Evidence suggests ship anchor snagged, dragged oil pipeline
LONG BEACH, Calif. (AP) — Evidence emerged Tuesday that a ship’s anchor snagged and dragged an underwater pipeline that ruptured and spilled tens of thousands of gallons of crude oil off Southern California, an accident the Coast Guard acknowledged it did not investigate for nearly 10 hours after the first call came in about a possible leak.
The pipe was split open and a nearly mile-long section apparently pulled along the ocean floor, possibly by “an anchor that hooked the pipeline, causing a partial tear,” federal transportation investigators said.
“The pipeline has essentially been pulled like a bow string,” said Martyn Willsher, CEO of Amplify Energy Corp., which operates the pipeline. “At its widest point, it is 105 feet (32 meters) away from where it was.”
Huge cargo ships regularly cross above the pipeline as they head into the massive Los Angeles-Long Beach port complex. They are given coordinates where they are to anchor until unloading.
Even when anchored, cargo ships continually move from shifting winds and tides. If a ship fails to properly set its anchor in the ocean floor, those forces of nature come into play and can push the ship and drag the anchor along the bottom, potentially catching anything in its way, said Steven Browne, a professor of marine transportation at California State University Maritime Academy.
Anchors on large ships can weigh 10 tons or more and are attached to hundreds of feet of thick steel chains. “Whatever the anchor gets fouled on will come along with the ship,” Browne said.
The spill sent up to 126,000 gallons (572,807 liters) of heavy crude into the ocean off Huntington Beach. It then washed onto miles of beaches and a protected marshland.
The beaches could remain closed for weeks or longer, a major hit to the local economy. Coastal fisheries in the area are closed to commercial and recreational fishing. On shore, animals rescuers have been pleasantly surprised to find few birds covered in oil.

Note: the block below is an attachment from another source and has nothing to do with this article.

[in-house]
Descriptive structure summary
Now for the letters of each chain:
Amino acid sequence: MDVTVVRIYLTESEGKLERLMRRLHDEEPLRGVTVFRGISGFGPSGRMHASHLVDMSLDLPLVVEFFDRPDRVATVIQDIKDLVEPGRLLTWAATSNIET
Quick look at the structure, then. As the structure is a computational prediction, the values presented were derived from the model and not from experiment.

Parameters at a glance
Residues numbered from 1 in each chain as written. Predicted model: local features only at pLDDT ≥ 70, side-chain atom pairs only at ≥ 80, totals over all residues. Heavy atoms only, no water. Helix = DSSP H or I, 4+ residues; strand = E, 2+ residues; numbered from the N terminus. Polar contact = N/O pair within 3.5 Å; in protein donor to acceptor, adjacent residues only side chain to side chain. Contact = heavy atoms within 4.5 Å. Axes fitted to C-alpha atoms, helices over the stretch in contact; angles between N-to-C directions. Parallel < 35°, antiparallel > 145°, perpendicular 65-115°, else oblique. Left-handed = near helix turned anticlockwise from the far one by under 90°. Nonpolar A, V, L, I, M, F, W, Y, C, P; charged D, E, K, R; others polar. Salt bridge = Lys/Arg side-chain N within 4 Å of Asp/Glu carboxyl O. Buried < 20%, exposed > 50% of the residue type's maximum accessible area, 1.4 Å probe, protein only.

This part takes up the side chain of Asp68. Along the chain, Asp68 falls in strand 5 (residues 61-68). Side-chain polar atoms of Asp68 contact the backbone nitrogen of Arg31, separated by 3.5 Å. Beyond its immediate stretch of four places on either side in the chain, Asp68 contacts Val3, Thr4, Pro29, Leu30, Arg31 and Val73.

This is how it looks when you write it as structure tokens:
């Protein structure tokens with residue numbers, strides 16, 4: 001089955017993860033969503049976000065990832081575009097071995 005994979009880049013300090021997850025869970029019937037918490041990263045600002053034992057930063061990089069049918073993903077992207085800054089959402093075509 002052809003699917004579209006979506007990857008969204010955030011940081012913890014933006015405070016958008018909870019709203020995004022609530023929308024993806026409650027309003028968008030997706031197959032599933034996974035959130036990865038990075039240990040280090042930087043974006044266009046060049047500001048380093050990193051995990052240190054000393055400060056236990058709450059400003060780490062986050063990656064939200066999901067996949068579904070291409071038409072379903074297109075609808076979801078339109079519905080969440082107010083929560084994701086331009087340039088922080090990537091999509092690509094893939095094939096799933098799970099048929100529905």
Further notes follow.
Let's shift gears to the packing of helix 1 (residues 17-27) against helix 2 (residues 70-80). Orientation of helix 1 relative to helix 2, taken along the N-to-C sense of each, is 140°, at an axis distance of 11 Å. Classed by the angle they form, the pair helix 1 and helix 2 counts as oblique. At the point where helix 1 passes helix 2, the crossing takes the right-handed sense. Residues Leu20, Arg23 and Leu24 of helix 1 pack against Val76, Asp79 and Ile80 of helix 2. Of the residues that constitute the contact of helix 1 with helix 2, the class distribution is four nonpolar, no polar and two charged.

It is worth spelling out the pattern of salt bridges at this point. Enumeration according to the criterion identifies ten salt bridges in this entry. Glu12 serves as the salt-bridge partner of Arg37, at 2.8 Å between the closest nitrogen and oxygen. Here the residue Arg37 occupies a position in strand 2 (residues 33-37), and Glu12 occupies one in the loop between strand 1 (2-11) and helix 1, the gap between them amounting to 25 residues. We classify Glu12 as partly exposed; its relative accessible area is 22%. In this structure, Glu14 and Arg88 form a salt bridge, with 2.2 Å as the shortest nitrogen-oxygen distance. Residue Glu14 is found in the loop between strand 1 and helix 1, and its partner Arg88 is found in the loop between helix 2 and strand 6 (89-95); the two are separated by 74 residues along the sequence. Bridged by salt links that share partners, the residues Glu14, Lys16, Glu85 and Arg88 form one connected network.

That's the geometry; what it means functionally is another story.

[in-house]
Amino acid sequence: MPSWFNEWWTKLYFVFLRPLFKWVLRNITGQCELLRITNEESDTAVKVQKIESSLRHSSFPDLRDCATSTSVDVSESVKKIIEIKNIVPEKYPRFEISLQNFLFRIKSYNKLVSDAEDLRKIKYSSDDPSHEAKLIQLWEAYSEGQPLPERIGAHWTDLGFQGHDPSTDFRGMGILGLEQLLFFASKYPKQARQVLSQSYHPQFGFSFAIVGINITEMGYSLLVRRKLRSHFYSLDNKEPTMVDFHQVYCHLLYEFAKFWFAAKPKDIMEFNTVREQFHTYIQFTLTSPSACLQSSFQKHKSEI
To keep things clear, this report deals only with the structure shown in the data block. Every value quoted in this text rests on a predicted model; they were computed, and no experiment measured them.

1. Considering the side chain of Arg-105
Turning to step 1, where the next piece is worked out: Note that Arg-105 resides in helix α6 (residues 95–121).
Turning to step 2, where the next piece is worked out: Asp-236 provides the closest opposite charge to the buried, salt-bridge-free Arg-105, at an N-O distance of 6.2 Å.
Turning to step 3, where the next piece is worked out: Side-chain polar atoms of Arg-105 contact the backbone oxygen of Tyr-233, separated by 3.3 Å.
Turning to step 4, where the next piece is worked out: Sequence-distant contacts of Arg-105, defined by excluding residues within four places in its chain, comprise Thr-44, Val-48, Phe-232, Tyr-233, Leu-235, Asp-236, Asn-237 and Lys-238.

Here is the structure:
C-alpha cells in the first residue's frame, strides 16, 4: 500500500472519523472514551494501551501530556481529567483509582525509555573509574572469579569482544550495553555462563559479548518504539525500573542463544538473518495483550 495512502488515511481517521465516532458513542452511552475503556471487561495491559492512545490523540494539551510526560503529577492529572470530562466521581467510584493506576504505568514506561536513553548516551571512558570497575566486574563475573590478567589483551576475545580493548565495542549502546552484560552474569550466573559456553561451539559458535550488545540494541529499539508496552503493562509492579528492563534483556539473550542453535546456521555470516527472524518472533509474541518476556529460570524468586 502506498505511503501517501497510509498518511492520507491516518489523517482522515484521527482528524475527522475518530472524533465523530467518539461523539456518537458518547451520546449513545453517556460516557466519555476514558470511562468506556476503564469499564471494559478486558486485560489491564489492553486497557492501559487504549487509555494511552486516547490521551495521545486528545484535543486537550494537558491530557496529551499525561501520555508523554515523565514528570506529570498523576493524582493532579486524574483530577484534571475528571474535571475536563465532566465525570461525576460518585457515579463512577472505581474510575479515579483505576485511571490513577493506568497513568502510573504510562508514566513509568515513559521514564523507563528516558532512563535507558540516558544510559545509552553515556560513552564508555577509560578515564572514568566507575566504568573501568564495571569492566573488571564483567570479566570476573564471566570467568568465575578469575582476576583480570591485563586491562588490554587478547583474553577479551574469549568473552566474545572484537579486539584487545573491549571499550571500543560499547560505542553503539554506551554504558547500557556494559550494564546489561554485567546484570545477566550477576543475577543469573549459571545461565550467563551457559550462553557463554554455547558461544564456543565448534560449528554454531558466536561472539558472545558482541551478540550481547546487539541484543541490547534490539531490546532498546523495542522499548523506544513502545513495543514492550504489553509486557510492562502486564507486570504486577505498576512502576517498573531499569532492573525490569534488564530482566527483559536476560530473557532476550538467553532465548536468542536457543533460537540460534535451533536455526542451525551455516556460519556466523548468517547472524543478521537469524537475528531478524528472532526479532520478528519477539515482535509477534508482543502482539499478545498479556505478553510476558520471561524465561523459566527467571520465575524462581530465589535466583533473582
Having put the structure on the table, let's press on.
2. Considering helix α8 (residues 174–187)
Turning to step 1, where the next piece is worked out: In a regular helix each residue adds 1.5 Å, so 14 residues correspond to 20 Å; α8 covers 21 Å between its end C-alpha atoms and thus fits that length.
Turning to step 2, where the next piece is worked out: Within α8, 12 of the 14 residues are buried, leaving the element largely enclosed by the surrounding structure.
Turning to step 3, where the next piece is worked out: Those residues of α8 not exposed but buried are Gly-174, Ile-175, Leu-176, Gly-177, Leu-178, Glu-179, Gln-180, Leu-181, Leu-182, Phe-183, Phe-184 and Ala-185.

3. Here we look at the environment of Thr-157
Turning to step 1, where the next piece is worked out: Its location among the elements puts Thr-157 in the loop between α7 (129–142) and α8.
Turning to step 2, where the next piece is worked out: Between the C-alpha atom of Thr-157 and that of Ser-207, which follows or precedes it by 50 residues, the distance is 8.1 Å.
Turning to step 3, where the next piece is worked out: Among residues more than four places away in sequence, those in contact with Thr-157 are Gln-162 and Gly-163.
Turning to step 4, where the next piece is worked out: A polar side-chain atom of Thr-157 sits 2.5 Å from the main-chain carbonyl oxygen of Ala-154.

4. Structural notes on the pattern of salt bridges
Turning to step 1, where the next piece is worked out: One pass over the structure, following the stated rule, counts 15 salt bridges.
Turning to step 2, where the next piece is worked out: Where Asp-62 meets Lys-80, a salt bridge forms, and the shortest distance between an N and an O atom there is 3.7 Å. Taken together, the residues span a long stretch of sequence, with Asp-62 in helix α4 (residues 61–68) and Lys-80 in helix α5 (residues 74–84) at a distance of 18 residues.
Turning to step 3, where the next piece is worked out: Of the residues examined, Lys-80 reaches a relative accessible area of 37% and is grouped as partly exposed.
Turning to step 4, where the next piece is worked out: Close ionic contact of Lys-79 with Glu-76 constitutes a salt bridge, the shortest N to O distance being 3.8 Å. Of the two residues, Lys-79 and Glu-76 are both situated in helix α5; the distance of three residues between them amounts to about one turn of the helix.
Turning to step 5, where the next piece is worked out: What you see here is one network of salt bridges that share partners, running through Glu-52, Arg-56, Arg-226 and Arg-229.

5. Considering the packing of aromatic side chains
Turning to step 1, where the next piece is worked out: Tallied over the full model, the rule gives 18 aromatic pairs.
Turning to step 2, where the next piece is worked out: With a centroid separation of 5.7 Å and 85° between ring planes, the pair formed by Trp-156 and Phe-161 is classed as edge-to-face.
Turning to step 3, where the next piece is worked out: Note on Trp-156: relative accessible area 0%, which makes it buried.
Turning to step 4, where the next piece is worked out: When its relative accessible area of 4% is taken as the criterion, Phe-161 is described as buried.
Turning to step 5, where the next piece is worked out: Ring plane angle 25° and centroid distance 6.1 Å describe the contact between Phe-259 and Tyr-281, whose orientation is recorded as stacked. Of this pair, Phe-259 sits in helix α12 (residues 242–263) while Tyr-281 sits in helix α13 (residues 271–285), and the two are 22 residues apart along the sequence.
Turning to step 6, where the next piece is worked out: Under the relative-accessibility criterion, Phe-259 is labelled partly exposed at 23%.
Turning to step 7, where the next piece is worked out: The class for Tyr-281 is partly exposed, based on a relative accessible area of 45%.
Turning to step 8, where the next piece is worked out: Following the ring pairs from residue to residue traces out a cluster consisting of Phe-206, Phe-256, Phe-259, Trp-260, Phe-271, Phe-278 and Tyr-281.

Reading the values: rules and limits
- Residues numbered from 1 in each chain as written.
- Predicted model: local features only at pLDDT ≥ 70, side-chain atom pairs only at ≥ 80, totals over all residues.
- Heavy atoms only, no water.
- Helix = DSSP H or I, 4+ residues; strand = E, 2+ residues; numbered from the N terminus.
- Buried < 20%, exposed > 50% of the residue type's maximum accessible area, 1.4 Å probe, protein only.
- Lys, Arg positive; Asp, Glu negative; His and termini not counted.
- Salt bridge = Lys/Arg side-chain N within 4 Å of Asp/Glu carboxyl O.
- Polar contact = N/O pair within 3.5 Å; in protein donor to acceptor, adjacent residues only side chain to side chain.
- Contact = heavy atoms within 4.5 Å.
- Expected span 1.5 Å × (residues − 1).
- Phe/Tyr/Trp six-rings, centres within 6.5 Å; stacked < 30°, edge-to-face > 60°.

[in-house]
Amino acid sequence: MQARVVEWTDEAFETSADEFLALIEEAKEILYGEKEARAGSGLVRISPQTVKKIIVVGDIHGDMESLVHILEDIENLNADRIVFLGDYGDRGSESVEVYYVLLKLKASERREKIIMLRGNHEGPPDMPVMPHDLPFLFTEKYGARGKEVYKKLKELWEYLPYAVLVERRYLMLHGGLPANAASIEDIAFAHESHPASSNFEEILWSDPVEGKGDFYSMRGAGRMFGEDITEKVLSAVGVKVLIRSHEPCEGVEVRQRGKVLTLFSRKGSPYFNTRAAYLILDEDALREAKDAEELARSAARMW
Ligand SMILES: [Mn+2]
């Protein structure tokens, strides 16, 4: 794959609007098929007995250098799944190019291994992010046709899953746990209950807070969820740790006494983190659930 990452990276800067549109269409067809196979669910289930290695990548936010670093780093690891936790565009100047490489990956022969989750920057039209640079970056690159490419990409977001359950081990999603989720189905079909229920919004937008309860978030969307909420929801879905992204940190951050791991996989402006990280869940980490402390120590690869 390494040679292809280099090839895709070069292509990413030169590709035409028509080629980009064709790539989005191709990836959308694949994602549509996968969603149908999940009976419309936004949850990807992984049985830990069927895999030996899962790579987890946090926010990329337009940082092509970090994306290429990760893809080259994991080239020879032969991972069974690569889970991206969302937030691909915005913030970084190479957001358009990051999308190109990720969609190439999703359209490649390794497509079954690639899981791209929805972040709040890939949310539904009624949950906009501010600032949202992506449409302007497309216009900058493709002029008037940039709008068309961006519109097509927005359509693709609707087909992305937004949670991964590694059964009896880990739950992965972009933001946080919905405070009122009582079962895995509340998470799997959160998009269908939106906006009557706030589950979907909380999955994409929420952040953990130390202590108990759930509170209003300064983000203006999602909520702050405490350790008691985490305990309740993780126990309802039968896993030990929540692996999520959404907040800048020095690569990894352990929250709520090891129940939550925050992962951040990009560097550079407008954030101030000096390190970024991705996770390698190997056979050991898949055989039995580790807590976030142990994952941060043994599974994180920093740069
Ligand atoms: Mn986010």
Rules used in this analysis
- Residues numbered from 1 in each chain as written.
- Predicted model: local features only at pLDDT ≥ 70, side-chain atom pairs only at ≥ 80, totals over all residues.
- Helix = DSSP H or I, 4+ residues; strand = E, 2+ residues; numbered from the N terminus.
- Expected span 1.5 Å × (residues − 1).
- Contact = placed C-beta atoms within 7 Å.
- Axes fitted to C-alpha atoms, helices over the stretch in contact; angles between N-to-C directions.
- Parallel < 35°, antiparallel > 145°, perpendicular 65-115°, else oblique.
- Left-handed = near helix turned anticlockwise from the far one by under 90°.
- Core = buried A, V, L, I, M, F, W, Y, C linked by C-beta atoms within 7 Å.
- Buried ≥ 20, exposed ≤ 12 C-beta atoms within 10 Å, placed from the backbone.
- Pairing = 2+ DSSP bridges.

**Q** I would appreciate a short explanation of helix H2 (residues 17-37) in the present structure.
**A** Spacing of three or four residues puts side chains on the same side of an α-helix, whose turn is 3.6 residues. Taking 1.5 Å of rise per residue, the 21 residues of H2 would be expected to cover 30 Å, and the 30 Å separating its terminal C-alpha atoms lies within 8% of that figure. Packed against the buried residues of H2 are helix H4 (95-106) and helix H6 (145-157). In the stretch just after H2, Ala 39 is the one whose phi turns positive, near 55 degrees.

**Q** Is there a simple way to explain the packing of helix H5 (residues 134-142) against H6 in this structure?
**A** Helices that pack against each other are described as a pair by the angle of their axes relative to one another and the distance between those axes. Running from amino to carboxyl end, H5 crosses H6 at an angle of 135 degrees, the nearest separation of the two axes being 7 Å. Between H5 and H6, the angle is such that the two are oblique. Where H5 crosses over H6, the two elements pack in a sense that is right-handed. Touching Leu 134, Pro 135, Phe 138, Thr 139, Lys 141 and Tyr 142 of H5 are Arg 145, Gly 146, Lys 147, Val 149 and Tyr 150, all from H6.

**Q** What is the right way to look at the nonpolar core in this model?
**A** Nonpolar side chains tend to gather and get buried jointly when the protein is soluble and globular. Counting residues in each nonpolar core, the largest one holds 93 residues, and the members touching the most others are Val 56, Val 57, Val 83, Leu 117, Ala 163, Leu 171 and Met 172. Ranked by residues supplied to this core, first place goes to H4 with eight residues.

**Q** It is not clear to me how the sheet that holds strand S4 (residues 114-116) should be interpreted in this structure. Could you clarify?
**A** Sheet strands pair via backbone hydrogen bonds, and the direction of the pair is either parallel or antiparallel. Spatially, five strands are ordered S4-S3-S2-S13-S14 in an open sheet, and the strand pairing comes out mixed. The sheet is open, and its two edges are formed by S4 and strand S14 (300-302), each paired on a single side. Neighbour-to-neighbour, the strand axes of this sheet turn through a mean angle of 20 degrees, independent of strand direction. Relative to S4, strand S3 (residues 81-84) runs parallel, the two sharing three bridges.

The time of the spill was still unclear Tuesday, and there was no indication whether investigators suspect that a particular ship was involved.
Democratic Congresswoman Katie Porter, a Democrat who chairs the oversight and investigations subcommittee of the House Natural Resources Committee, said the panel would investigate the incident.
“We are going to make sure that we have answers as to how this happened, and to make sure that we hold the responsible party accountable,” said Porter, who represents a district a few miles inland from the spill area.
Coast Guard officials defended their decision to wait until sunrise Saturday to investigate a possible spill first reported by a commercial ship at 8:22 p.m. Friday near a cluster of boats that were anchored off Huntington Beach.
That sighting was supported by a report to the National Response Center, a hazardous spill hotline staffed by the Coast Guard, at 2:06 a.m. Saturday from the National Oceanic and Atmospheric Administration, which said satellite images showed the strong likelihood of an oil slick.
Residents in nearby Newport Beach had also complained Friday evening about a strong stench of petroleum, and police put out a notice to the public about it.